From Peter Salem
Dick Salem passed away on March 22, 2014 due to complications from a stroke. He was a mediation pioneer whose career took him from the city desk at the Washington Post to mediating high profile civil rights cases as the Midwest Regional Director of the U.S. Department of Justice Community Relations Service. He was also my father, and I know that it was a distinct privilege for him to serve our field for more than 40 years.
As director of the U.S. Small Business Administration’s Washington D.C. office, he was responsible for implementing the programs of President Johnson’s War on Poverty. That experience exposed him to work in race relations that led to his conflict resolution career. In 1968 he was appointed Midwest Director of the Community Relations Service in the U.S. Department of Justice. He mediated many disputes including the 1978 Skokie-Nazi conflict in Illinois, the Kent State University dispute over construction on the site of the 1973 student shootings, and numerous police-community, prison, school desegregation, and civil rights conflicts. In 1973 he received a citation from President Nixon for his mediation during the takeover of Wounded Knee at the Pine Ridge Indian Reservation in South Dakota.
Between 1979 and 1995, Dick Salem made 15 extended trips to South Africa where he trained and mentored colleagues in negotiation and mediation in community conflicts. He served on the initial training committee of South Africa’s National Peace Accord, and provided training for the Accord’s regional and local peace committees. He subsequently trained and consulted in six countries in East and West Africa, Northern Ireland, and El Salvador. He was sent to Rwanda by the U.S. State Department in 1997 as a trainer in community conflict. While there he was deeply affected by the drawings of child survivors of the 1994 genocide. He saw how dramatically the children remembered the trauma and felt it was important that the story be told through their eyes, which he did by editing, writing and publishing Witness to Genocide: The Children of Rwanda, which included a foreword written by then First Lady Hillary Rodham Clinton.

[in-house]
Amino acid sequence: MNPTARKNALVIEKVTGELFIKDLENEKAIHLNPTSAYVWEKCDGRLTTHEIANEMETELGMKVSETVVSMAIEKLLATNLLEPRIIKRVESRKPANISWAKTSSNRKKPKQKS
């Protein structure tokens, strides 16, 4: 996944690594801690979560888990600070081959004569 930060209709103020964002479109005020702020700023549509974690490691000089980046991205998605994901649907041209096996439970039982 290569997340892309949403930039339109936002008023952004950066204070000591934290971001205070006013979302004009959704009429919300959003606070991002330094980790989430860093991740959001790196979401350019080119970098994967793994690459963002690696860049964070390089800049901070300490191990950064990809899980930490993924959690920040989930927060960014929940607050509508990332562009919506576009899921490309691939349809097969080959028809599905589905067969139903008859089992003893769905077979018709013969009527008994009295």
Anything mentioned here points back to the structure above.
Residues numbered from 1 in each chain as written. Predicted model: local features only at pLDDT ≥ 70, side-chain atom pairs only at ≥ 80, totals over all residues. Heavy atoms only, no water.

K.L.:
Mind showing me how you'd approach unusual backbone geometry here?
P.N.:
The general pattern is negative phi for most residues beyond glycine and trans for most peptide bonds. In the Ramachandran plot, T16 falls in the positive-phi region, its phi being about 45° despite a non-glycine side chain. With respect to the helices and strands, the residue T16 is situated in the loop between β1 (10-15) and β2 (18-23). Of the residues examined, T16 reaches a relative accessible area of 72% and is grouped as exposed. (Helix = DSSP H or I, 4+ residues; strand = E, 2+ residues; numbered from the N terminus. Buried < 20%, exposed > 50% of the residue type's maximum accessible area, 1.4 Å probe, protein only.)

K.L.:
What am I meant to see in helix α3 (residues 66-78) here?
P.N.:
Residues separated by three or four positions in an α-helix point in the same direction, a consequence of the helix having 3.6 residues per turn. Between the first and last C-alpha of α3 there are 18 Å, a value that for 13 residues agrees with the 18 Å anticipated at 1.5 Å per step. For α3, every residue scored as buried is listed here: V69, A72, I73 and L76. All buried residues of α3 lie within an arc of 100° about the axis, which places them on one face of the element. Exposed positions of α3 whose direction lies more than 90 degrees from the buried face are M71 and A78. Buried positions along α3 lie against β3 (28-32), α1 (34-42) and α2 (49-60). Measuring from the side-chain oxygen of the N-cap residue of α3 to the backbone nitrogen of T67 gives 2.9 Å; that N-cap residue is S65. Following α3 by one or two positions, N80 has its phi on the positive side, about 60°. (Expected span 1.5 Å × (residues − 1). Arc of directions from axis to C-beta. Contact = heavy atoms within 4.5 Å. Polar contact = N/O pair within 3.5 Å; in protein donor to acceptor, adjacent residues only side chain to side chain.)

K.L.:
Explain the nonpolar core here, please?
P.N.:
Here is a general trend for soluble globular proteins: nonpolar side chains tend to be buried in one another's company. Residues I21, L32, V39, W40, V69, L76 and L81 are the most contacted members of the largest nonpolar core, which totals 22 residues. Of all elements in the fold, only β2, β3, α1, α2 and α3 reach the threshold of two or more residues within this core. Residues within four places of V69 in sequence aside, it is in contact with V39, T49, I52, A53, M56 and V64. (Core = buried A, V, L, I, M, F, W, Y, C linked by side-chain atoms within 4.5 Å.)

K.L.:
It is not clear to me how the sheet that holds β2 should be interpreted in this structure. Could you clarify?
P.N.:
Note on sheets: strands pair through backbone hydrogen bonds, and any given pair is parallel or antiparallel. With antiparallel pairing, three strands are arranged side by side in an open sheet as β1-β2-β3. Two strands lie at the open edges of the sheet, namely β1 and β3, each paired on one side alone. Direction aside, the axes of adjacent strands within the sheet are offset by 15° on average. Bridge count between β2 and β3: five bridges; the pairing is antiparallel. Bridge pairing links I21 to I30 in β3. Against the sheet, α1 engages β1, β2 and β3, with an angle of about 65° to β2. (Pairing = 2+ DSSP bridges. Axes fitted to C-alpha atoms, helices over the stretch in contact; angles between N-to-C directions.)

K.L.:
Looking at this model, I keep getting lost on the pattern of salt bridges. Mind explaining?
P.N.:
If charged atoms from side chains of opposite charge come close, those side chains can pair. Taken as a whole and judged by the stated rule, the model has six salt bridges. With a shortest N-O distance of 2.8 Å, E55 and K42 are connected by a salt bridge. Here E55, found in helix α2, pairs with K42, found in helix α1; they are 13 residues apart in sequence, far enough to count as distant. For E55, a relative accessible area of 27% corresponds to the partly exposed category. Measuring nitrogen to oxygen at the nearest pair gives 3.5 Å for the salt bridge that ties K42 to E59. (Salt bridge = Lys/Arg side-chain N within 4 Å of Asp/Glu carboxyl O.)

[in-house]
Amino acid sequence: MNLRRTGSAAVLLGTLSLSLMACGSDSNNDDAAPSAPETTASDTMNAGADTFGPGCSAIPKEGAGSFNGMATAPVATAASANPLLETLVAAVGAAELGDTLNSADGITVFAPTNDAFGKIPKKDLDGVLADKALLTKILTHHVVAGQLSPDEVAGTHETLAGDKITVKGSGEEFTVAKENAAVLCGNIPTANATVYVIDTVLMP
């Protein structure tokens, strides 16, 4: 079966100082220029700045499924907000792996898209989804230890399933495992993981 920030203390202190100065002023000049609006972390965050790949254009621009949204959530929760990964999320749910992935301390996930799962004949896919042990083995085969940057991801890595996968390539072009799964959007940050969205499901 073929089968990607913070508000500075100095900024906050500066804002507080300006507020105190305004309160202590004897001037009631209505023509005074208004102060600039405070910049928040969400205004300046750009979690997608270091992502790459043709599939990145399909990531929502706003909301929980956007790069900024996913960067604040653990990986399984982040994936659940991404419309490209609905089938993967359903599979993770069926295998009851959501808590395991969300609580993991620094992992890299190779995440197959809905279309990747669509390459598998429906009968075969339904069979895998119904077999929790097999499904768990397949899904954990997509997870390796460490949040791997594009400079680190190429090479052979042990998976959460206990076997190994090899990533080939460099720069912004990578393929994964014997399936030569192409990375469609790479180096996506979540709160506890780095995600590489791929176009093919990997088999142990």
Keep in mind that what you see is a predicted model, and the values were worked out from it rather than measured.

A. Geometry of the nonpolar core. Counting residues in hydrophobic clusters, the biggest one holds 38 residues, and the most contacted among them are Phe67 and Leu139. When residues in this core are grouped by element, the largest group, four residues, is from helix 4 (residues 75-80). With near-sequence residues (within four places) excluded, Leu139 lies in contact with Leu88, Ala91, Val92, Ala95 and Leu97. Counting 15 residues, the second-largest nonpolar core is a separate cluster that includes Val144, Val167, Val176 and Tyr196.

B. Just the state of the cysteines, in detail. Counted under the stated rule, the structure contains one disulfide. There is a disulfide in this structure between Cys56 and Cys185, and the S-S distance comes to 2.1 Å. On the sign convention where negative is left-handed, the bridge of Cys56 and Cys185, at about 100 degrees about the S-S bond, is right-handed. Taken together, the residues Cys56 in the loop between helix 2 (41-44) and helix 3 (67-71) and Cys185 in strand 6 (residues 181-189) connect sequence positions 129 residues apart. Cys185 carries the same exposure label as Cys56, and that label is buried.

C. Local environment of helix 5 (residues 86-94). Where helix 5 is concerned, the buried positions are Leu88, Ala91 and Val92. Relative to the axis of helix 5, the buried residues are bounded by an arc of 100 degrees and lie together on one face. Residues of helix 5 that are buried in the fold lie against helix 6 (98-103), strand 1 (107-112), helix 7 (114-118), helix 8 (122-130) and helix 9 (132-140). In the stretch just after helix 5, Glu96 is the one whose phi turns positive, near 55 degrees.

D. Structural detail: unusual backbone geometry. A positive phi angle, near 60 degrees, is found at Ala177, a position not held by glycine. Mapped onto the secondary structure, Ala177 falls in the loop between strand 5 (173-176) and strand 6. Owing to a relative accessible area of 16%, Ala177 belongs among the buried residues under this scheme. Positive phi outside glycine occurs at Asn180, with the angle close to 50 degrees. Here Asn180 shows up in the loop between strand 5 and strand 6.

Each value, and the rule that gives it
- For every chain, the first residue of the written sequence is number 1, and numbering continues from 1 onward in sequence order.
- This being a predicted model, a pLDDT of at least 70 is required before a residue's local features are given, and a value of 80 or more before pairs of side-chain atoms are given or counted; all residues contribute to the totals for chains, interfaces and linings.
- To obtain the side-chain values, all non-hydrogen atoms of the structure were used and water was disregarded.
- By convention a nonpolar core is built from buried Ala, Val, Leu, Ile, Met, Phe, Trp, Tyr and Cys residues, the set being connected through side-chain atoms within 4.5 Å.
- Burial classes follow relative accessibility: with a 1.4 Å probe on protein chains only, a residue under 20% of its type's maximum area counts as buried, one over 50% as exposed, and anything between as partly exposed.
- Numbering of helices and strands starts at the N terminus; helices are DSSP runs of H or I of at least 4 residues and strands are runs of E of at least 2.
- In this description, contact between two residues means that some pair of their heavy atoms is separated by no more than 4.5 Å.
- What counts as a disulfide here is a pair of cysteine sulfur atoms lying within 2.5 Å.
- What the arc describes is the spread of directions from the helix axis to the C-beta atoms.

Throughout his career he published numerous journal articles and in 1987 co-authored A Student’s Guide to Mediation and the Law with Nancy Rogers. In addition to his international and high profile work, he was a fervent supporter of community mediation, volunteering as a mediator and Board member of the Neighborhood Justice Center of Chicago (now Center for Conflict Resolution). He served as on the Boards of the World Mediation Forum and the Society of Professionals in Dispute Resolution, and he mentored numerous aspiring mediators (including his son).
Although retired, my father remained interested in developments in the field and his expertise and experience were sought up until his passing. He was scheduled to present this spring to the Illinois Chapter of the Association of Attorney Mediators. He also recently spent an hour talking about his experiences with Grande Lum, the Director of the Community Relations Service. Dick was scheduled to meet with the staff of the Chicago CRS office only days following his stroke. Upon learning of his illness, Director Lum notified the entire agency, which resulted in an email from CRS Regional Director Pascual Marquez, in which he describes my father: